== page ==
Studio Project Application to Housing Development

5 May

I’m a Fourth Year student in the University of Virginia School of Architecture.  For my final project, I am developing a thesis project in the realm of housing.   There is a vast array of options posed by this subject, but my interest in Architectural History, along with my architectural history major thesis topic inspired my design direction.

My architectural history thesis deals with 1920’s prefabricated residential architecture in America.  This was a response to major societal and technological shifts that brought convenient and modern modes of living to the masses.  Neighborhoods shot up all over the nation, filled with these homes, whose pieces were shipped by freight and assembled on site.  The housing schemes display an unrivaled level of complexity, convenience, and modularity.  Another major aspect behind these houses is that inhabitants were able to use vast arrays of options for design that allowed them to express individuality.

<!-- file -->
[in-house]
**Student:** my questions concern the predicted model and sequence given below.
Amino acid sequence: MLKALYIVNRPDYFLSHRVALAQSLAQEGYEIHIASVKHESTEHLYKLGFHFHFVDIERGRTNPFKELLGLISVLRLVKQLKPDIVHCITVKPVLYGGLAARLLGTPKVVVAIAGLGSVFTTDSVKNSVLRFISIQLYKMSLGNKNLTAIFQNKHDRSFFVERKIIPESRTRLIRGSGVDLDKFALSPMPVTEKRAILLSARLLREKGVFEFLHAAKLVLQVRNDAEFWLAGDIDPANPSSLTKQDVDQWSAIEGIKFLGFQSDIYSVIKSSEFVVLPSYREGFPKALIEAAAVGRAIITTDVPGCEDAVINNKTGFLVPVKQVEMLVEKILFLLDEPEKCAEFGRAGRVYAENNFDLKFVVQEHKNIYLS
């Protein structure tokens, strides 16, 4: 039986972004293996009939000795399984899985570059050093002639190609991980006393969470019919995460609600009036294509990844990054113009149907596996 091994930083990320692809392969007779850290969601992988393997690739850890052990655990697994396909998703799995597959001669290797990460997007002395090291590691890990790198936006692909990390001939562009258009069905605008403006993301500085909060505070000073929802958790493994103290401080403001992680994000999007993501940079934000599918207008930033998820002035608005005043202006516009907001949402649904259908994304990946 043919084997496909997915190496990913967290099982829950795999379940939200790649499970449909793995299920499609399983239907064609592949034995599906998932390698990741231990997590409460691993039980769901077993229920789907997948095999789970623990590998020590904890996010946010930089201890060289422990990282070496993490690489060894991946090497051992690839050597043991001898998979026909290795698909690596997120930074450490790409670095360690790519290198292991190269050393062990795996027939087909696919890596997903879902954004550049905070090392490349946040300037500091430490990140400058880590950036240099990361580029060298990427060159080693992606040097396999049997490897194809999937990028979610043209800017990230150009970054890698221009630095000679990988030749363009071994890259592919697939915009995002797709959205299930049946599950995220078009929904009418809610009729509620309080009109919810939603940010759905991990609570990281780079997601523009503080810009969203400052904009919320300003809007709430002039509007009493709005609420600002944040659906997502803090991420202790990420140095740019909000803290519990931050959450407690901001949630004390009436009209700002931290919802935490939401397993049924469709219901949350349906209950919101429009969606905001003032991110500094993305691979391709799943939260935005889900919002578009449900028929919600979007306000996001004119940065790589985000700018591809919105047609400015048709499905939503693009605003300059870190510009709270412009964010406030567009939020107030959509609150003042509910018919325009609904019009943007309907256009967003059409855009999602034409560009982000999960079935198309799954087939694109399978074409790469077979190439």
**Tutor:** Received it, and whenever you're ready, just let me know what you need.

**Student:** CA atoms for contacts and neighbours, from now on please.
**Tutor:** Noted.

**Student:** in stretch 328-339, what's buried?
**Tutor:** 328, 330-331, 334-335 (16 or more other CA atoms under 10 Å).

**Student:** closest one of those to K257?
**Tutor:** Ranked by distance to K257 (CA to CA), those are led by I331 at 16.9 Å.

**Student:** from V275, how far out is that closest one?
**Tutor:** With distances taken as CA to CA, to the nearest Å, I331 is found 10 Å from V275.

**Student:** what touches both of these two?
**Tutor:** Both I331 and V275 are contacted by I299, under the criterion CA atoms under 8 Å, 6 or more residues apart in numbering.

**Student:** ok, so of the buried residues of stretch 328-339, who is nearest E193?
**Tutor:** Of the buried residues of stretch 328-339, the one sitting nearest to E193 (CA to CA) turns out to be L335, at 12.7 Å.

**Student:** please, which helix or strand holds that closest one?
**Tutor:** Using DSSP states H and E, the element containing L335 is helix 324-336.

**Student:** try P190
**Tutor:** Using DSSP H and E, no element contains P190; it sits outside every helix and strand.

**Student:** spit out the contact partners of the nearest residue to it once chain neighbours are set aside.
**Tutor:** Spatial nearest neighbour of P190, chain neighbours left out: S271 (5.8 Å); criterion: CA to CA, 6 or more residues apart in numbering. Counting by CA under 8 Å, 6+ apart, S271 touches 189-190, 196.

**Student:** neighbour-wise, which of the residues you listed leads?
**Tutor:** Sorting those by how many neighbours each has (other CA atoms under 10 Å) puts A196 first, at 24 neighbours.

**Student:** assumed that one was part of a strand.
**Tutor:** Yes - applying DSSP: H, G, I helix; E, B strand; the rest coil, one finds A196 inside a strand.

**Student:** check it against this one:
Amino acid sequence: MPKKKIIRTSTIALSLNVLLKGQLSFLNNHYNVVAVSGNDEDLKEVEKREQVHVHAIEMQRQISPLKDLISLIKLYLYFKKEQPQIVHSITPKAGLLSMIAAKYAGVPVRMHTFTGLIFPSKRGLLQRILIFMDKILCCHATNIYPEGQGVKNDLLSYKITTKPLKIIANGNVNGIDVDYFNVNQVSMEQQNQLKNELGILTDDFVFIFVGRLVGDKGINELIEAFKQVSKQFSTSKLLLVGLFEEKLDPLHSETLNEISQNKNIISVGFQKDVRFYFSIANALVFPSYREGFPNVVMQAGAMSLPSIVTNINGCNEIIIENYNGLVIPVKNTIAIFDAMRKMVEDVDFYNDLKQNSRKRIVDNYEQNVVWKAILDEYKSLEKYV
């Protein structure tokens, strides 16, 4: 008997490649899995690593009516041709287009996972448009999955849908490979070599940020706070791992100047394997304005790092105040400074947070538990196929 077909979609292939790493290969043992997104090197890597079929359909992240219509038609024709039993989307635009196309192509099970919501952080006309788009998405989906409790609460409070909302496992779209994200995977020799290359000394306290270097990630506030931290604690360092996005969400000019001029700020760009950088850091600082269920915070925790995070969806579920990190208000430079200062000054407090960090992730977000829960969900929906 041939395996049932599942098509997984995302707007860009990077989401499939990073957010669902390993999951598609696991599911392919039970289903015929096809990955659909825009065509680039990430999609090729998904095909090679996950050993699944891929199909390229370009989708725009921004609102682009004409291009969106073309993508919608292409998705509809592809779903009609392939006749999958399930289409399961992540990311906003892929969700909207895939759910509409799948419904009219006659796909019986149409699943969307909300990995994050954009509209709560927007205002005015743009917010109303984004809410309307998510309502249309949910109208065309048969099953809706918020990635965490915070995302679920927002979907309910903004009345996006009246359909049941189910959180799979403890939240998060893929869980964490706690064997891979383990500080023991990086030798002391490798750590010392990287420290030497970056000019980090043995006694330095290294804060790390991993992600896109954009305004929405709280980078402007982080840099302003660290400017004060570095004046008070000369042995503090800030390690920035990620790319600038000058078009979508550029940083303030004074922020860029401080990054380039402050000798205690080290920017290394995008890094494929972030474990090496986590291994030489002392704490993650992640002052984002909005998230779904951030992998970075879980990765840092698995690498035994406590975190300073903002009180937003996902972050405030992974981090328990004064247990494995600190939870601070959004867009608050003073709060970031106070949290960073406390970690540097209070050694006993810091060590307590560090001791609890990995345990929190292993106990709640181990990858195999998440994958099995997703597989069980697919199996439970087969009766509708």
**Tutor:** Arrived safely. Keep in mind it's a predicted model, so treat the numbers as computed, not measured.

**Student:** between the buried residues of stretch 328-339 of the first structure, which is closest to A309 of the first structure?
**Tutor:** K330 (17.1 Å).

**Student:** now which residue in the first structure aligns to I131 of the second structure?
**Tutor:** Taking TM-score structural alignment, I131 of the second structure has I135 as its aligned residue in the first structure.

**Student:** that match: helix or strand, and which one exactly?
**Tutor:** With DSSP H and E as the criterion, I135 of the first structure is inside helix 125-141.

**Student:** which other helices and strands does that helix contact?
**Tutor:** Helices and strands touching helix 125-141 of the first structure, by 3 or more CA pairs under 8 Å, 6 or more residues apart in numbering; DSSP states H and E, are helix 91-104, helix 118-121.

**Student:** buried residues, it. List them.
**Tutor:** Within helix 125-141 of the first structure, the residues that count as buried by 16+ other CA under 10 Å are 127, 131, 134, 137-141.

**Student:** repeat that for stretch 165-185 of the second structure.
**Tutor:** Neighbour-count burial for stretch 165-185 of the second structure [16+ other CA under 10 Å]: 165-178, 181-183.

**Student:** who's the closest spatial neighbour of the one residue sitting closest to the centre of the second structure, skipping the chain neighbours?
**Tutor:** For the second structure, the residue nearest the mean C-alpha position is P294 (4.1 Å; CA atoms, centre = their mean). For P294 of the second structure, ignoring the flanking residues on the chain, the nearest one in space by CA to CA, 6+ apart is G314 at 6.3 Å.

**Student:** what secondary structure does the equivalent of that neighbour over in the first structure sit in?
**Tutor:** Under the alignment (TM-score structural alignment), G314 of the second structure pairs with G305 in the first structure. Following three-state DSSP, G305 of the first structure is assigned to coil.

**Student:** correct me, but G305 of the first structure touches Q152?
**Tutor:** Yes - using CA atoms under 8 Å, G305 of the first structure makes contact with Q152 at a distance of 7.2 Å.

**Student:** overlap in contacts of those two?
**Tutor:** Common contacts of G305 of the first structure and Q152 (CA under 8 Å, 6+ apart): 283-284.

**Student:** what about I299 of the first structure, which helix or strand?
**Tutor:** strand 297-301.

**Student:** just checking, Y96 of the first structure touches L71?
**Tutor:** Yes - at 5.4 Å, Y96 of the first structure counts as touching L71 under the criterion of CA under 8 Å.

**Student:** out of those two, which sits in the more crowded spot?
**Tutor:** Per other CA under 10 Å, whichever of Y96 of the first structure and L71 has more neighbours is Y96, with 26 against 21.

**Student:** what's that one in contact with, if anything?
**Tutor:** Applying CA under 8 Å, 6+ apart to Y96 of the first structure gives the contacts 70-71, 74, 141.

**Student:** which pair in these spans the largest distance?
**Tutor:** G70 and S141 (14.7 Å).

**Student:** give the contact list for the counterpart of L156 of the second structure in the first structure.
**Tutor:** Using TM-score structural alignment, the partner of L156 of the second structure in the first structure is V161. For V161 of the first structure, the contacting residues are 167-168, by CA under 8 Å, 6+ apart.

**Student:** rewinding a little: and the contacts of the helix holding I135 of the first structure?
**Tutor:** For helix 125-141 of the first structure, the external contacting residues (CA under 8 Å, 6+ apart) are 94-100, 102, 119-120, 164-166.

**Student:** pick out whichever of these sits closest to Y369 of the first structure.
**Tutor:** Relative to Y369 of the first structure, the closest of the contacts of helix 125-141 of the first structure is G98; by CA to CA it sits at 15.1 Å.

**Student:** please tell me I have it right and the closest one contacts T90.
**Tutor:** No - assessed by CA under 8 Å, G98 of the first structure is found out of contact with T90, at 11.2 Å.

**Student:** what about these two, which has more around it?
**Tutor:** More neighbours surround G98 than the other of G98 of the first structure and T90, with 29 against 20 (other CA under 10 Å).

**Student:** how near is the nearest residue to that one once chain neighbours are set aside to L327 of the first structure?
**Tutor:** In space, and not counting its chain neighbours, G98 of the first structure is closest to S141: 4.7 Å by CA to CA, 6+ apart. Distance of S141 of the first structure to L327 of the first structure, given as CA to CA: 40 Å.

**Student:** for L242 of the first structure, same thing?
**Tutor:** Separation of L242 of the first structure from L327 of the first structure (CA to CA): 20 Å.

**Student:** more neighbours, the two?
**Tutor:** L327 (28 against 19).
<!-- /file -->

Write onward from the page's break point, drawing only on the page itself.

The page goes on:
For my design thesis project, I am taking these aspects of complexity, convenience and modularity and applying it to a modern residential model intended to exist in any of today’s cities.  Just as the assemblies of the 1920’s were highly standardized, the sizes of the apartments I’m designing are also uniform, to allow maximum versatility.

My project is made up of modules specially allocated for modes of daily life and personal preferences of users.  The apartments offer a variety of arrangements and module variety, also to facilitate maximum versatility.   The modules also move and operate to create different spaces, moods, and serve different functions for the appropriate mode of the inhabitant.